Literature Cited

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  • Bhatia KP. Familial (idiopathic) paroxysmal dyskinesias: an update. Semin Neurol. 2001;21:69–74. [PubMed: 11346027]
  • Bruno MK, Lee HY, Auburger GW, Friedman A, Nielsen JE, Lang AE, Bertini E, Van Bogaert P, Averyanov Y, Hallett M, Gwinn-Hardy K, Sorenson B, Pandolfo M, Kwiecinski H, Servidei S, Fu YH, Ptácek L. Genotype-phenotype correlation of paroxysmal nonkinesigenic dyskinesia. Neurology. 2007;68:1782–9. [PubMed: 17515540]
  • Chudnow RS, Mimbela RA, Owen DB, Roach ES. Gabapentin for familial paroxysmal dystonic choreoathetosis. Neurology. 1997;49:1441–2. [PubMed: 9371936]
  • Demirkiran M, Jankovic J. Paroxysmal dyskinesias: clinical features and classification. Ann Neurol. 1995;38:571–9. [PubMed: 7574453]
  • Djarmati A, Svetel M, Momcilovic D, Kostic V, Klein C. Significance of recurrent mutations in the myofibrillogenesis regulator 1 gene. Arch Neurol. 2005;62:1641. [PubMed: 16216955]
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  • Gardiner AR, Jaffer F, Dale RC, Labrum R, Erro R, Meyer E, Xiromerisiou G, Stamelou M, Walker M, Kullmann D, Warner T, Jarman P, Hanna M, Kurian MA, Bhatia KP, Houlden H. The clinical and genetic heterogeneity of paroxysmal dyskinesias. Brain. 2015;138:3567–80. [PMC free article: PMC4655345] [PubMed: 26598494]
  • Lee HY, Xu Y, Huang Y, Ahn AH, Auburger GW, Pandolfo M, Kwiecinski H, Grimes DA, Lang AE, Nielsen JE, Averyanov Y, Servidei S, Friedman A, Van Bogaert P, Abramowicz MJ, Bruno MK, Sorensen BF, Tang L, Fu YH, Ptacek LJ. The gene for paroxysmal non-kinesigenic dyskinesia encodes an enzyme in a stress response pathway. Hum Mol Genet. 2004;13:3161–70. [PubMed: 15496428]
  • Mahmud FH, Linglart A, Bastepe M, Juppner H, Lteif AN. Molecular diagnosis of pseudohypoparathyroidism type Ib in a family with presumed paroxysmal dyskinesia. Pediatrics. 2005;115:e242–4. [PubMed: 15629959]
  • Pons R, Cuenca-Leon E, Miravet E, et al. Paroxysmal non-kinesigenic dyskinesia due to a PNKD recurrent mutation: report of two Southern European families. Eur J Paediatr Neurol. 2012;16:86–89. [PubMed: 21962874]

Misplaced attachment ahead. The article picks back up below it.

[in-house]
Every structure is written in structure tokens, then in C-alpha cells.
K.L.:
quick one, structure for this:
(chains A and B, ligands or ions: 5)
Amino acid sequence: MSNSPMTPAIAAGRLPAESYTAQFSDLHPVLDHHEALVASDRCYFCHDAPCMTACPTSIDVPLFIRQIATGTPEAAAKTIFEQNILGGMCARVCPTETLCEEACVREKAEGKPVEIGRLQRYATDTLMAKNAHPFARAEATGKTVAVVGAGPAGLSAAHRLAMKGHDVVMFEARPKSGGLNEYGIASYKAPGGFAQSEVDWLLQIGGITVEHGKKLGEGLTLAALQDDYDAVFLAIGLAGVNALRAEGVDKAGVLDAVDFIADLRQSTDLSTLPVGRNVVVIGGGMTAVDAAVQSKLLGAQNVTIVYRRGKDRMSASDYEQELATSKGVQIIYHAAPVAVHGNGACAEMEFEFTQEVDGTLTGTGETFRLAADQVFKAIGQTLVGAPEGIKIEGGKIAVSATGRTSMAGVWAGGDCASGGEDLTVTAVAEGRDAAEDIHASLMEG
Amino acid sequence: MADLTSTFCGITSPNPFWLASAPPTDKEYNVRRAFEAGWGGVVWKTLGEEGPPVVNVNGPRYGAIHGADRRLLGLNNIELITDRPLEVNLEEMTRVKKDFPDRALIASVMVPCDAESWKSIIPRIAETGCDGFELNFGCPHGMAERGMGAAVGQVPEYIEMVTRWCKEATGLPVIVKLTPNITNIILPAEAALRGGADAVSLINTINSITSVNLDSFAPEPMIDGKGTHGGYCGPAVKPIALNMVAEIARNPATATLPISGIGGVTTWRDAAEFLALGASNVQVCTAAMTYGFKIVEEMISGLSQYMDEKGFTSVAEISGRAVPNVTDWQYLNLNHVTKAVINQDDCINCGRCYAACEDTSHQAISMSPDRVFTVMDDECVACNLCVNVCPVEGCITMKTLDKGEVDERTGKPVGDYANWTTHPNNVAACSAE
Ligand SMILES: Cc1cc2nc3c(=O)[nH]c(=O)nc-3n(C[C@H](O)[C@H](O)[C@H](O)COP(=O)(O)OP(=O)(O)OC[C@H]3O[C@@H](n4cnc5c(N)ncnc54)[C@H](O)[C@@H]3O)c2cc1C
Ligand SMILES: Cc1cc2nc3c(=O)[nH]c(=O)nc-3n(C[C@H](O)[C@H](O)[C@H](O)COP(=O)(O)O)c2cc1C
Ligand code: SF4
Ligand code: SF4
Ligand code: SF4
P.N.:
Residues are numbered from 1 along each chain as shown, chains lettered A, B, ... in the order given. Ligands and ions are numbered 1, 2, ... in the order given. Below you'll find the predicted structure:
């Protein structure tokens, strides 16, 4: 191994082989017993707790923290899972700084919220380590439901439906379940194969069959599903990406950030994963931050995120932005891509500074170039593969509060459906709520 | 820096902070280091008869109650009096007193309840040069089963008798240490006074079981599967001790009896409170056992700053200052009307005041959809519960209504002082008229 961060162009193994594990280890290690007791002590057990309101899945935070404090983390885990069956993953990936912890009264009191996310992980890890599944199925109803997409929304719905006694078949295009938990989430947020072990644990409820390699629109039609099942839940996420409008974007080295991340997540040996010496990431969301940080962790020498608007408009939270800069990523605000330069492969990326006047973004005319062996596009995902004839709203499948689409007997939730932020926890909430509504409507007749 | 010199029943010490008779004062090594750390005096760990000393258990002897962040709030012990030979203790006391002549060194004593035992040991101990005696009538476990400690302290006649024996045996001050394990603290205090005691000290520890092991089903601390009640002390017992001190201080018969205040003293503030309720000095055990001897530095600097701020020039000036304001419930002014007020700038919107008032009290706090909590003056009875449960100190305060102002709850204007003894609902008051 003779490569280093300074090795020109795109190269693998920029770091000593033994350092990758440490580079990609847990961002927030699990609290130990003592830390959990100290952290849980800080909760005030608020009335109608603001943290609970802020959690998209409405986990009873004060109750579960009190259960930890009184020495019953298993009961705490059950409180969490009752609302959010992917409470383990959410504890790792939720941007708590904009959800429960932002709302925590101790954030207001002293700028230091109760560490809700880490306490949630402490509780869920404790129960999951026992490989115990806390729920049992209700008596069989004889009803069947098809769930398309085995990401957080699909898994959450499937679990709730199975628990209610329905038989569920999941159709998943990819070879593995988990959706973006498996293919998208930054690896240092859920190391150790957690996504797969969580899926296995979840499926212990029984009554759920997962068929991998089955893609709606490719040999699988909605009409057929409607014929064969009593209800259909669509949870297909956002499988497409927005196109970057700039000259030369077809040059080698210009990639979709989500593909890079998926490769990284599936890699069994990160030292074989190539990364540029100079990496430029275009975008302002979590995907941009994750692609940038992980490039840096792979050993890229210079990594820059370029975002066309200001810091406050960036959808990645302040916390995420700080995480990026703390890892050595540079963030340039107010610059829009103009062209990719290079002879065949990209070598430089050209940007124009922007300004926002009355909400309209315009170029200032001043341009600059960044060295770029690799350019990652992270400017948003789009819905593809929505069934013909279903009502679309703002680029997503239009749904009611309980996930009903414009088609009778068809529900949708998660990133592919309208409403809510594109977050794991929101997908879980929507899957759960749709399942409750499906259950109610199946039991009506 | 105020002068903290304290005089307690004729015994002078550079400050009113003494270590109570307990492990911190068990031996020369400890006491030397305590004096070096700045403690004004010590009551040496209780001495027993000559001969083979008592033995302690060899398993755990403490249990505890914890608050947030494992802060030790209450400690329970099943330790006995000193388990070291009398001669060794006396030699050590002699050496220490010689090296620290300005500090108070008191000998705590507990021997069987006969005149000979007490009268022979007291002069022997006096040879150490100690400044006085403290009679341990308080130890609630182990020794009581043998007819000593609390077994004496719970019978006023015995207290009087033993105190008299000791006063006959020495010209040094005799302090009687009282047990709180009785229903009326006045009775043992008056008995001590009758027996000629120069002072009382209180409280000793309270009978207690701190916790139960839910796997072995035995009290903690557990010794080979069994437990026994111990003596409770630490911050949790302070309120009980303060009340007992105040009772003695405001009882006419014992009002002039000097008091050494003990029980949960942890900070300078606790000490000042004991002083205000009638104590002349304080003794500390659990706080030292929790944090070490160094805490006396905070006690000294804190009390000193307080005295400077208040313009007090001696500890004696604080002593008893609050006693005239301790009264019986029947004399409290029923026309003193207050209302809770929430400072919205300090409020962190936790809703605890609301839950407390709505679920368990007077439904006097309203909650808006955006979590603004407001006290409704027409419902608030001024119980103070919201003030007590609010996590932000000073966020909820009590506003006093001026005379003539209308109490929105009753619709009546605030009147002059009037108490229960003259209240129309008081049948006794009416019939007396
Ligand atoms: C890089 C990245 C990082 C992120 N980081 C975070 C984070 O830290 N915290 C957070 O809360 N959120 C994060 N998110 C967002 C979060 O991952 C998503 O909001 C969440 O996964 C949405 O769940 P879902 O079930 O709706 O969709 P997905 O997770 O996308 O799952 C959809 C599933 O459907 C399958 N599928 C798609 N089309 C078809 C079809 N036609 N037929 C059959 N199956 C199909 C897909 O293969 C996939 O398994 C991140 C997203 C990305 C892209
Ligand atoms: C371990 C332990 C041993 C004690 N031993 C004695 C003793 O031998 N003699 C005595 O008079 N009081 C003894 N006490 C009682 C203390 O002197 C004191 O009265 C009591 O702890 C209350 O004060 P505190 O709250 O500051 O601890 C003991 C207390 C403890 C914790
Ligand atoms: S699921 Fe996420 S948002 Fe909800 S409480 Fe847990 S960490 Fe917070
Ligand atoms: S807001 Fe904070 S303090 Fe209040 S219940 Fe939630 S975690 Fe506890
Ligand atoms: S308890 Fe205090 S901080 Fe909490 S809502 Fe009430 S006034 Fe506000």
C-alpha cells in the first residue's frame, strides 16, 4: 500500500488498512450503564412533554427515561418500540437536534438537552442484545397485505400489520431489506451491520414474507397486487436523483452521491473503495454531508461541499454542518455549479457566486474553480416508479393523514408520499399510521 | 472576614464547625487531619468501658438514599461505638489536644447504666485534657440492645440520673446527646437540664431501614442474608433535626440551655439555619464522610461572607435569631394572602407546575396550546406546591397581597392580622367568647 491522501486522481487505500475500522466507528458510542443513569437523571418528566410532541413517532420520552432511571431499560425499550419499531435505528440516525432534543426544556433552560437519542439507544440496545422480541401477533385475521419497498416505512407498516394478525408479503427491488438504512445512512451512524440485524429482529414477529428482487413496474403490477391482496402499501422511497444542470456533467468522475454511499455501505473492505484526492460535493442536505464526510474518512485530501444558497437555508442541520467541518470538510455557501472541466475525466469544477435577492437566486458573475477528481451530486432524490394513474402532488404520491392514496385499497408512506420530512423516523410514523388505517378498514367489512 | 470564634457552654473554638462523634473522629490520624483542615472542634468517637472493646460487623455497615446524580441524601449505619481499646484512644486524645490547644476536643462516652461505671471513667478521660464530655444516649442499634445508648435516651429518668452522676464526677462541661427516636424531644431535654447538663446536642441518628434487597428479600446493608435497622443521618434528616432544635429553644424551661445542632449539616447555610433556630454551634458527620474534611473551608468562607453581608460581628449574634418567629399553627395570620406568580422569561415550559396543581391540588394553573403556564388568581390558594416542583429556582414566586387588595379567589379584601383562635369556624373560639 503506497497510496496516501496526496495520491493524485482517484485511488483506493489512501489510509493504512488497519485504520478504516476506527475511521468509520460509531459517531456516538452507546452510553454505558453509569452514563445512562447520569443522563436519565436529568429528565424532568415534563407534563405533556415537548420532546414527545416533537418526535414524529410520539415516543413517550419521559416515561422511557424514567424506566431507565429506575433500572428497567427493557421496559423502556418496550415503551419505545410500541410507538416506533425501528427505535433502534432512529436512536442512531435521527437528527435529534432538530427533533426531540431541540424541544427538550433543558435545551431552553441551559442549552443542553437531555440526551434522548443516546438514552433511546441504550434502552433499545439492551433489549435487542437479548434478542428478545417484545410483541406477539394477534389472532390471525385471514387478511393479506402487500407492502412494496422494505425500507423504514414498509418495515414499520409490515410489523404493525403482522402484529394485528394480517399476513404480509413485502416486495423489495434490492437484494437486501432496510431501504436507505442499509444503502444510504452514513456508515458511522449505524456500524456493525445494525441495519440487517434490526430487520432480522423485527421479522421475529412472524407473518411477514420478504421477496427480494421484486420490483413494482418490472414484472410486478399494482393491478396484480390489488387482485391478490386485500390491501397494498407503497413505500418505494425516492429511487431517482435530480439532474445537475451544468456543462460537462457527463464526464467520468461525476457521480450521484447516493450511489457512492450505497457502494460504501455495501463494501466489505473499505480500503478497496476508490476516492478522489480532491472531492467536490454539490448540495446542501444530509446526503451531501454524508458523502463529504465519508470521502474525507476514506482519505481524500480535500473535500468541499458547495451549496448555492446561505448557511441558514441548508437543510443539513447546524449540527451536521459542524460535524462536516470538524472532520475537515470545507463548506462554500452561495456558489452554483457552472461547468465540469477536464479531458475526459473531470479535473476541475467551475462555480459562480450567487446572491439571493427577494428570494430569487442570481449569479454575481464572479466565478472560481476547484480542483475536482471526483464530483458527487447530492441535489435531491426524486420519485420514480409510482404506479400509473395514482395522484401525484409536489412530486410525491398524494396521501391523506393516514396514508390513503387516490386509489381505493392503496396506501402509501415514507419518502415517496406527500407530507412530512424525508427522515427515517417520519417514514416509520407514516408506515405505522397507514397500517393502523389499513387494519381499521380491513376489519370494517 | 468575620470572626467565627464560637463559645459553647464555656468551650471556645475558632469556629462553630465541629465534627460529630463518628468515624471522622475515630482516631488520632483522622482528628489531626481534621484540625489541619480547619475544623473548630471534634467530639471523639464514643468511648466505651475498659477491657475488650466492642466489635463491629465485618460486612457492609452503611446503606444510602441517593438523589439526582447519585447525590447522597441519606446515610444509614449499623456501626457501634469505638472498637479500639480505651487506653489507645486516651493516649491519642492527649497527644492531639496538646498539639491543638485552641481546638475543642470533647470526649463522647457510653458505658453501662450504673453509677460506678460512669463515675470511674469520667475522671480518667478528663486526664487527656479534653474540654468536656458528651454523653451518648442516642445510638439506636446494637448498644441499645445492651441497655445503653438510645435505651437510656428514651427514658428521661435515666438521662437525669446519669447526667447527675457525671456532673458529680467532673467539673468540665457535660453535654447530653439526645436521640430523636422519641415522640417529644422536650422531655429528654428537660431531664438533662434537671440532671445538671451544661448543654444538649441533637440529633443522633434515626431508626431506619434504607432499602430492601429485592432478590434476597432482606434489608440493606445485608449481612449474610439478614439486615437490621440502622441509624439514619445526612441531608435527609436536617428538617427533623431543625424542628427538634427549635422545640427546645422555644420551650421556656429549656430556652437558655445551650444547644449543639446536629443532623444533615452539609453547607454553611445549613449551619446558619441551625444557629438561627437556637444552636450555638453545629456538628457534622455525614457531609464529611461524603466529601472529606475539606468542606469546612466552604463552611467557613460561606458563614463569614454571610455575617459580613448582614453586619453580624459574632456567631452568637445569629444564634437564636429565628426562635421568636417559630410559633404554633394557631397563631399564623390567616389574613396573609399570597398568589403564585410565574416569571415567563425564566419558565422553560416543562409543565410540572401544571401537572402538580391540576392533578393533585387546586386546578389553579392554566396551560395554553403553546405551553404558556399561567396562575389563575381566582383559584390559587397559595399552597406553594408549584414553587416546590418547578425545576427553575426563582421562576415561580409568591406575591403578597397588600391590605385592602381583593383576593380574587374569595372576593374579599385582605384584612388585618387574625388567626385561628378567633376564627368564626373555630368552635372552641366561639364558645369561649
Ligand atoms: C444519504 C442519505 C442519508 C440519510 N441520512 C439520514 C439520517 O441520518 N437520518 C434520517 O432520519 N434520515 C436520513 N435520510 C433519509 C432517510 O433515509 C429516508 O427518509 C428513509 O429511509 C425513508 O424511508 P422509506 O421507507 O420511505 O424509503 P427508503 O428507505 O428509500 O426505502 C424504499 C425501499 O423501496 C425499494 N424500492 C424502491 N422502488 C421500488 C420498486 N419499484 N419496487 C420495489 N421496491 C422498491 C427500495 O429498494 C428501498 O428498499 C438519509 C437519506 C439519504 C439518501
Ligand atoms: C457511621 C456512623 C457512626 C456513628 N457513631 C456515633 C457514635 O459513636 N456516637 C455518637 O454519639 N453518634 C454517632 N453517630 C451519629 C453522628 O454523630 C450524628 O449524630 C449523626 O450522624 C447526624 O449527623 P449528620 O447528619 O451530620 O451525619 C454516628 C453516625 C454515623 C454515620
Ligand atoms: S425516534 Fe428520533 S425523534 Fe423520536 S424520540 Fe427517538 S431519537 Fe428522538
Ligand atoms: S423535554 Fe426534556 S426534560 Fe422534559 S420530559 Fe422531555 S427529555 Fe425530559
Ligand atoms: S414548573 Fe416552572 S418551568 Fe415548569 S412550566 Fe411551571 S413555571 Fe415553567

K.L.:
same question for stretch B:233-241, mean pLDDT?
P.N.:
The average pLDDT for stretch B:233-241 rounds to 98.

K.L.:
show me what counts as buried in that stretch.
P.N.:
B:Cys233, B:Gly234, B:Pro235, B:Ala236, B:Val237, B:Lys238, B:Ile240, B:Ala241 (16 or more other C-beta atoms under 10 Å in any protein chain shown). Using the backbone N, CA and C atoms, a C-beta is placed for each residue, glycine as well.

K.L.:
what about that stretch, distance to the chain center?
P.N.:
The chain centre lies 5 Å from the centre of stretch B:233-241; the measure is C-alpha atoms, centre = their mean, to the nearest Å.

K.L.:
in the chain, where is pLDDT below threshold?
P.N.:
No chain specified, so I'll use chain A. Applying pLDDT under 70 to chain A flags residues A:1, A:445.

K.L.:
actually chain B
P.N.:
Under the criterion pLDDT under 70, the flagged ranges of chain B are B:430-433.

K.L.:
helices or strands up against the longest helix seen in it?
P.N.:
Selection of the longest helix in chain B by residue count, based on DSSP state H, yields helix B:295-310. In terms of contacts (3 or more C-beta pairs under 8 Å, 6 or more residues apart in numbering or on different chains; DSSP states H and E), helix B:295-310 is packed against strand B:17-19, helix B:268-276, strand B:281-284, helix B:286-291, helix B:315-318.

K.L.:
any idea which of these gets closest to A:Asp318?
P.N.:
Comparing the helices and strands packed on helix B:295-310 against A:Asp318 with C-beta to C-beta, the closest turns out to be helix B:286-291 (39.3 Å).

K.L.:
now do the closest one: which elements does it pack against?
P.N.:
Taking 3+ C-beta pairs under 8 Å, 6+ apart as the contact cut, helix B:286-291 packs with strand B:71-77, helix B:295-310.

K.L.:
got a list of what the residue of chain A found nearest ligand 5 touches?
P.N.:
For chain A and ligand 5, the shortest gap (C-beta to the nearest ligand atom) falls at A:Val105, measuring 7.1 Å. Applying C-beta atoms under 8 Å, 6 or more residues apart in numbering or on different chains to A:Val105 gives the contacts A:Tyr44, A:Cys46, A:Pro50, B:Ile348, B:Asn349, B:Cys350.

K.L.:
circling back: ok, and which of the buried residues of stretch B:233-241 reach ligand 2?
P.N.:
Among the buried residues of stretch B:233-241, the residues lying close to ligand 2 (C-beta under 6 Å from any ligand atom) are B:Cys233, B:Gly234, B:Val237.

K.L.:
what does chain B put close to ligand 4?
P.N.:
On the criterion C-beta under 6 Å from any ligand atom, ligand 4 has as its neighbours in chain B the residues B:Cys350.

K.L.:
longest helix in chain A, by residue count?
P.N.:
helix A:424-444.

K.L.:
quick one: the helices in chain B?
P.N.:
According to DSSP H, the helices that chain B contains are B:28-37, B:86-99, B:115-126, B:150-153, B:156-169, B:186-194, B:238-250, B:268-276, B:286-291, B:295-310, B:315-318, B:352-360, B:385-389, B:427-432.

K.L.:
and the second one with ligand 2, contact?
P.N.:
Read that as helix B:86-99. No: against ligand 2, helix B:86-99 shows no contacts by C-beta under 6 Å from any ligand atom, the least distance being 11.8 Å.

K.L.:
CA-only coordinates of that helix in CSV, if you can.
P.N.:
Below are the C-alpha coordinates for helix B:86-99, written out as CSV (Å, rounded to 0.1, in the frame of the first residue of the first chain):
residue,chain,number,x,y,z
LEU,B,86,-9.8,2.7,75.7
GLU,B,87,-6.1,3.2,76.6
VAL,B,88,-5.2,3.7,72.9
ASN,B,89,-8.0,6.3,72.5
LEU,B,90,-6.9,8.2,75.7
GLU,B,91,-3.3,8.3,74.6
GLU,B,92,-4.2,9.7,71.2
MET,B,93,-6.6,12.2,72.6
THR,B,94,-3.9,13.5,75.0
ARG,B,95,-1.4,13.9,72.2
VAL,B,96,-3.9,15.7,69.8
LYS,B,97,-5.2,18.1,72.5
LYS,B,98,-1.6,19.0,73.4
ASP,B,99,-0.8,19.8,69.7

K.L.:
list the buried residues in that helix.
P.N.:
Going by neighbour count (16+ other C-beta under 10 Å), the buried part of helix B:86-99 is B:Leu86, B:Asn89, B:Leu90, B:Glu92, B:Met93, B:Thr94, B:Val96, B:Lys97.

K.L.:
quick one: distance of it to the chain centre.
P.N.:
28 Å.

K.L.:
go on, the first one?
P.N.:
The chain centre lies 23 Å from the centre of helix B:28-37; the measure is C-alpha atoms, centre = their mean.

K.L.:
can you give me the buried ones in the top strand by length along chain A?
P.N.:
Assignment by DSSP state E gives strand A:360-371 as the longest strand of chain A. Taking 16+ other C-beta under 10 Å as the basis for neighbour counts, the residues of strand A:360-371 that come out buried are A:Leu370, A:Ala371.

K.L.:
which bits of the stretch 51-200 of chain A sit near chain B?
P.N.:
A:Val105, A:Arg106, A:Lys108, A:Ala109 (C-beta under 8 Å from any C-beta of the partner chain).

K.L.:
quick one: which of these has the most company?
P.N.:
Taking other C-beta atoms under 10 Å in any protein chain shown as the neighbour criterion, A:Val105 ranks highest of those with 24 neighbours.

• Rahbari R, Wuster A, Lindsay SJ, Hardwick RJ, Alexandrov LB, Turki SA, Dominiczak A, Morris A, Porteous D, Smith B, Stratton MR, Hurles ME, et al. Timing, rates and spectra of human germline mutation. Nat Genet. 2016;48:126–33. [PMC free article: PMC4731925] [PubMed: 26656846]
  • Rainier S, Thomas D, Tokarz D, Ming L, Bui M, Plein E, Zhao X, Lemons R, Albin R, Delaney C, Alvarado D, Fink JK. Myofibrillogenesis regulator 1 gene mutations cause paroxysmal dystonic choreoathetosis. Arch Neurol. 2004;61:1025–9. [PubMed: 15262732]
  • Shen Y, Ge WP, Li Y, Hirano A, Lee HY, Rohlmann A, Missler M, Tsien RW, Jan LY, Fu YH, Ptáček LJ. Protein mutated in paroxysmal dyskinesia interacts with the active zone protein RIM and suppresses synaptic vesicle exocytosis. Proc Natl Acad Sci U S A. 2015;112:2935–41. [PMC free article: PMC4364199] [PubMed: 25730884]
  • Shen Y, Lee HY, Rawson J, Ojha S, Babbitt P, Fu YH, Ptacek LJ. Mutations in PNKD causing paroxysmal dyskinesia alters protein cleavage and stability. Hum Mol Genet. 2011;20:2322–32. [PMC free article: PMC3098736] [PubMed: 21487022]
  • Stefanova E, Djarmati A, Momcilovic´ D, et al. Clinical characteristics of paroxysmal nonkinesigenic dyskinesia in Serbian family with myofibrillogenesis regulator 1 gene mutation. Mov Disord. 2006;21:2010–2015. [PubMed: 16972263]
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  • Zittel S, Ganos C, Münchau A. Fatal paroxysmal non-kinesigenic dyskinesia. Eur J Neurol. 2015;22:e30–1. [PubMed: 25572910]

Chapter Notes

Author History

Paul Adams, PhD; University of British Columbia (2004-2019)
Roberto Erro, MD, PhD (2019-present)
Sian Spacey, MD, FRCPC; University of British Columbia (2004-2019)

Revision History

  • 4 April 2019 (sw) Comprehensive update posted live
  • 3 May 2011 (me) Comprehensive update posted live
  • 26 August 2008 (cg) Comprehensive update posted live
  • 24 June 2005 (ca) Review posted live
  • 2 December 2004 (ss) Original submission